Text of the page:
After worrying tongue in cheek about the loss of experiential awareness due to photo filter apps and Social Media months ago, I followed the rabbit trail only recently.
If you don’t know what I’m talking about, read this.
When I first installed Instagram, a part of me died, I have to admit. But despite all the hipster concerns of mass popularity i.e. android and being bought by Mr Zuck, I was pleasantly surprised.
Mobile Communities Work
The term ‘vibrant community’ is achingly overused, but Instagram seems to actually be one. Despite the absolute simplicity (or because?) there’s a lot of activity. People are shooting and sharing, tagging and liking as if there was no tomorrow.
The magic, as pointed out by a friend, seems to be in the tags. It’s what lets you break out of the narrow walls of your ‘social circles’. Facebook wants us to connect only to ‘real’ friends, on Twitter many of us follow people we don’t know, and Google+…let’s not talk about it. Instagram however seems to give the awkward business of connecting to strangers on the Internet a new taste.
I’m not interested in strategic reasons why Zuck bought the company (native fb photo app?) or why photographing your meals and pets is an utter waste of time (it probably is).
Instead, I am intrigued by the simplicity of communicating with visuals. Being a writer by trade, profession and training (more about this further down) I enjoy the ambiguity, the grammarlessness of sending pictures out into the ether and filtering incoming streams of visuals in real time.
Turning Professions Into Games
Apparently there are hordes of self described professional photographers on Instagram but interestingly the most appealing content seems to be produced by happy amateurs, part time snappers and pocket paparazzi.
Browsing through the profiles and photos I found two things:
1. The tool doesn’t determine the outcome
You can give a million people the same camera, they will all come up with completely different images, even if you give them the same subject. While there are those still stuck in the MySpace era mirror shot, the endless food and pet documentaries or polishing of self image, there are some really great pictures out there. What makes them great are not the handful of measly retro filters but a certain simplicity of sight, by the way.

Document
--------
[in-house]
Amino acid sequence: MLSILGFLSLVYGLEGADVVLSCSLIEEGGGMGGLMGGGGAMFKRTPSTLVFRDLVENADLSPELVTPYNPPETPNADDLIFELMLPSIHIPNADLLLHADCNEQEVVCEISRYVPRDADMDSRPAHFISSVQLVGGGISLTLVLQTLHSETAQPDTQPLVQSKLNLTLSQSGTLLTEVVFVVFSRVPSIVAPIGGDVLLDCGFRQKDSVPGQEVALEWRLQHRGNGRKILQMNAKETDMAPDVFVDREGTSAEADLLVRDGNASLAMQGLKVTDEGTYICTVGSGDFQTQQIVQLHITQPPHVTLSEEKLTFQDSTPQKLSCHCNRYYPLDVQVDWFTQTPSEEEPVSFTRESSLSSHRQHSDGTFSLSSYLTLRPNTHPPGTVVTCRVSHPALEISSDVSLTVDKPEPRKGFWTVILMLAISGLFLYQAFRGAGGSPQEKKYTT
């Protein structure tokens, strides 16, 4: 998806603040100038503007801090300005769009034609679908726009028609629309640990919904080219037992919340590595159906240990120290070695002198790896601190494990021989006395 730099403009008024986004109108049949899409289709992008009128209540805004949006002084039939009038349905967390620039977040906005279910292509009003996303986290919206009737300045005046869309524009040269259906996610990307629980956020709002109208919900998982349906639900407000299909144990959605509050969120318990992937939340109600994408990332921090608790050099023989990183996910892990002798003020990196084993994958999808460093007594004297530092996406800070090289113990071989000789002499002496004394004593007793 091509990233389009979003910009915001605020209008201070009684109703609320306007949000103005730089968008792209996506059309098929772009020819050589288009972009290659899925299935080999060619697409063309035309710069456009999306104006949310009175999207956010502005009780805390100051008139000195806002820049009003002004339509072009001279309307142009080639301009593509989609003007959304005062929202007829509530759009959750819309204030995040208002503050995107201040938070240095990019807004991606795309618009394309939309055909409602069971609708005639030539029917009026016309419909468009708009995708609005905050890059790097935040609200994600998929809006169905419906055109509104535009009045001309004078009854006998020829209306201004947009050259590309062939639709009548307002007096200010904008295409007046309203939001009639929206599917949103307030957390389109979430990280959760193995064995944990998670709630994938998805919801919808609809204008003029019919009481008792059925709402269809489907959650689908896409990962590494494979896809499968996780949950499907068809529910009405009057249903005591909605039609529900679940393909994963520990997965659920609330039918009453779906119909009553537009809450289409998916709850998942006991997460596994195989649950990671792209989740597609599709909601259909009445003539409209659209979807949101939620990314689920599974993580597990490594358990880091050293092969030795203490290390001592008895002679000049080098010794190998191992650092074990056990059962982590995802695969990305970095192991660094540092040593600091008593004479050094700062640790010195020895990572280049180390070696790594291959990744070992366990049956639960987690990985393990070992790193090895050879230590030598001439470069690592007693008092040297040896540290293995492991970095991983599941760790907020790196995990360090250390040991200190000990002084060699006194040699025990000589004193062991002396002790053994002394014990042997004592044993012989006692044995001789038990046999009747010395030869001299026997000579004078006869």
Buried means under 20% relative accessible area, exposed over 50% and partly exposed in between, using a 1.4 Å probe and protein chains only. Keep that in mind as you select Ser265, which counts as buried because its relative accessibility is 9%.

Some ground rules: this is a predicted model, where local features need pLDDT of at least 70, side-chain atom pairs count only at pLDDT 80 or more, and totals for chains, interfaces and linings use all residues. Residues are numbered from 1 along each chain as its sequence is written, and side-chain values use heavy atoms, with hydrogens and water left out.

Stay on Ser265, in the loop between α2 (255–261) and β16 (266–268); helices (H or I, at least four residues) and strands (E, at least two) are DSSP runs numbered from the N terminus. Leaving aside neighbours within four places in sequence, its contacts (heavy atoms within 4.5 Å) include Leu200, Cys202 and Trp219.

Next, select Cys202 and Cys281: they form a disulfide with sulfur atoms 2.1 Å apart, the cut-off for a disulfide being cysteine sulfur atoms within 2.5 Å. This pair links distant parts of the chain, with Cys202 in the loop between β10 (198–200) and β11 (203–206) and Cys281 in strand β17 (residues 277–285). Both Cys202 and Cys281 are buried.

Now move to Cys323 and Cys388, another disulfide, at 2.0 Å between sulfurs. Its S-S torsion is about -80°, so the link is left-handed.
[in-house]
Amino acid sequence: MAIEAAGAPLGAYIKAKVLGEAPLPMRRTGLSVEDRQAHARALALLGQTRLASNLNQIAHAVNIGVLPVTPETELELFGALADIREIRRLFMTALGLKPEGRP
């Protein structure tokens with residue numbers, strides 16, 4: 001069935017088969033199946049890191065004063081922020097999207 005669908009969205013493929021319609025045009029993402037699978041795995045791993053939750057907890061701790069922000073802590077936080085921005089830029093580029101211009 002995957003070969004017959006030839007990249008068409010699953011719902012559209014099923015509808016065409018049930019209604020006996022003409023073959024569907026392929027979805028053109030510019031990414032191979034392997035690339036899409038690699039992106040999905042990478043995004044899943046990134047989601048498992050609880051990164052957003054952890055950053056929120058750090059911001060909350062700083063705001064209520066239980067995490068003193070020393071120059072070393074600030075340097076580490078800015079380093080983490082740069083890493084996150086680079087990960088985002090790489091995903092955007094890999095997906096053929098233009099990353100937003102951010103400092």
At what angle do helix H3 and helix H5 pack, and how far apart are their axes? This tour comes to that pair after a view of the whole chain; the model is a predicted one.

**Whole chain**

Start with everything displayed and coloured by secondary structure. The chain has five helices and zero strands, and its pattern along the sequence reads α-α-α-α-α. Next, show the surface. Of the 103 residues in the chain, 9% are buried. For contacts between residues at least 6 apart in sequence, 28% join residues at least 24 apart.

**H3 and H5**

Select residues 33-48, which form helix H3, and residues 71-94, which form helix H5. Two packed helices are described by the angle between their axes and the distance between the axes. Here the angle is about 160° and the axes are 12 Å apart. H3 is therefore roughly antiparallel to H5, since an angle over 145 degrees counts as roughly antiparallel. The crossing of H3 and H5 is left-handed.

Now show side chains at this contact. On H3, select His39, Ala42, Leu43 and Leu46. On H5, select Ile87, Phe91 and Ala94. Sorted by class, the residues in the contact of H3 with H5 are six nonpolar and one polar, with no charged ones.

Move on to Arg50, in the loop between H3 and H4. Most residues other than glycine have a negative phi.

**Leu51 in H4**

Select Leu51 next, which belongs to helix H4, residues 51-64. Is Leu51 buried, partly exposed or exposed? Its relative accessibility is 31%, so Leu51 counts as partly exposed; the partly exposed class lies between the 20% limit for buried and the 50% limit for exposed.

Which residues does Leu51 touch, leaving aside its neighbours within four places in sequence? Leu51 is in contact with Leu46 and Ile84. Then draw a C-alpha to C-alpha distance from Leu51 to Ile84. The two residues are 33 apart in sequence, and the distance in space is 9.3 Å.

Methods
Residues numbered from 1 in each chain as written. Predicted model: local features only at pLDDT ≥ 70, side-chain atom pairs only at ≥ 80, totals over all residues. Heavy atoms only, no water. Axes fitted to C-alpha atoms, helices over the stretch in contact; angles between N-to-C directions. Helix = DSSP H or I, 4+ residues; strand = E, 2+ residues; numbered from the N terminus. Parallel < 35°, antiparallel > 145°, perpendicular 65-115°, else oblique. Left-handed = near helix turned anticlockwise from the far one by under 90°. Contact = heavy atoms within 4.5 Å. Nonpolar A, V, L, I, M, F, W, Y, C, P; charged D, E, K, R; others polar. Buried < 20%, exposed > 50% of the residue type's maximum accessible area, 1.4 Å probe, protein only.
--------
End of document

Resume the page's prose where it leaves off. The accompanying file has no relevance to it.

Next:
2. Perceiving oneself as a ‘maker’ has nothing to do with making stuff (e.g. photos)
Since the early days of Social Media the self promoter is a very common sight, and as usual, he’s also the most boring. On the other hand anyone with a mobile phone can make and share something that makes someone a thousand miles away go ‘wow’ in a bedroom, train station or supermarket queue.
By making and sharing, a person can improve their craft, gain feedback, encouragement, and quite possibly become a lot better a lot more dynamically than by simply following lectures or predetermined rules and regulations.
What’s true for photos is the same for music, writing and many other fields. The Internet is probably the greatest educational tool that humanity has ever had for interest-based learning.
Instead of spending decades in isolated laboratories learning the ‘craft’ we have already replaced textbooks with Trial and Error, making stuff while learning how to make better stuff. We have become accustomed to the linear sequencing of theory and practice, where the former precedes the latter. And while it’s certainly not true for all professions (please know where my appendix is before you cut it out, young doctors) theory and practice might actually be a lot closer than we thought.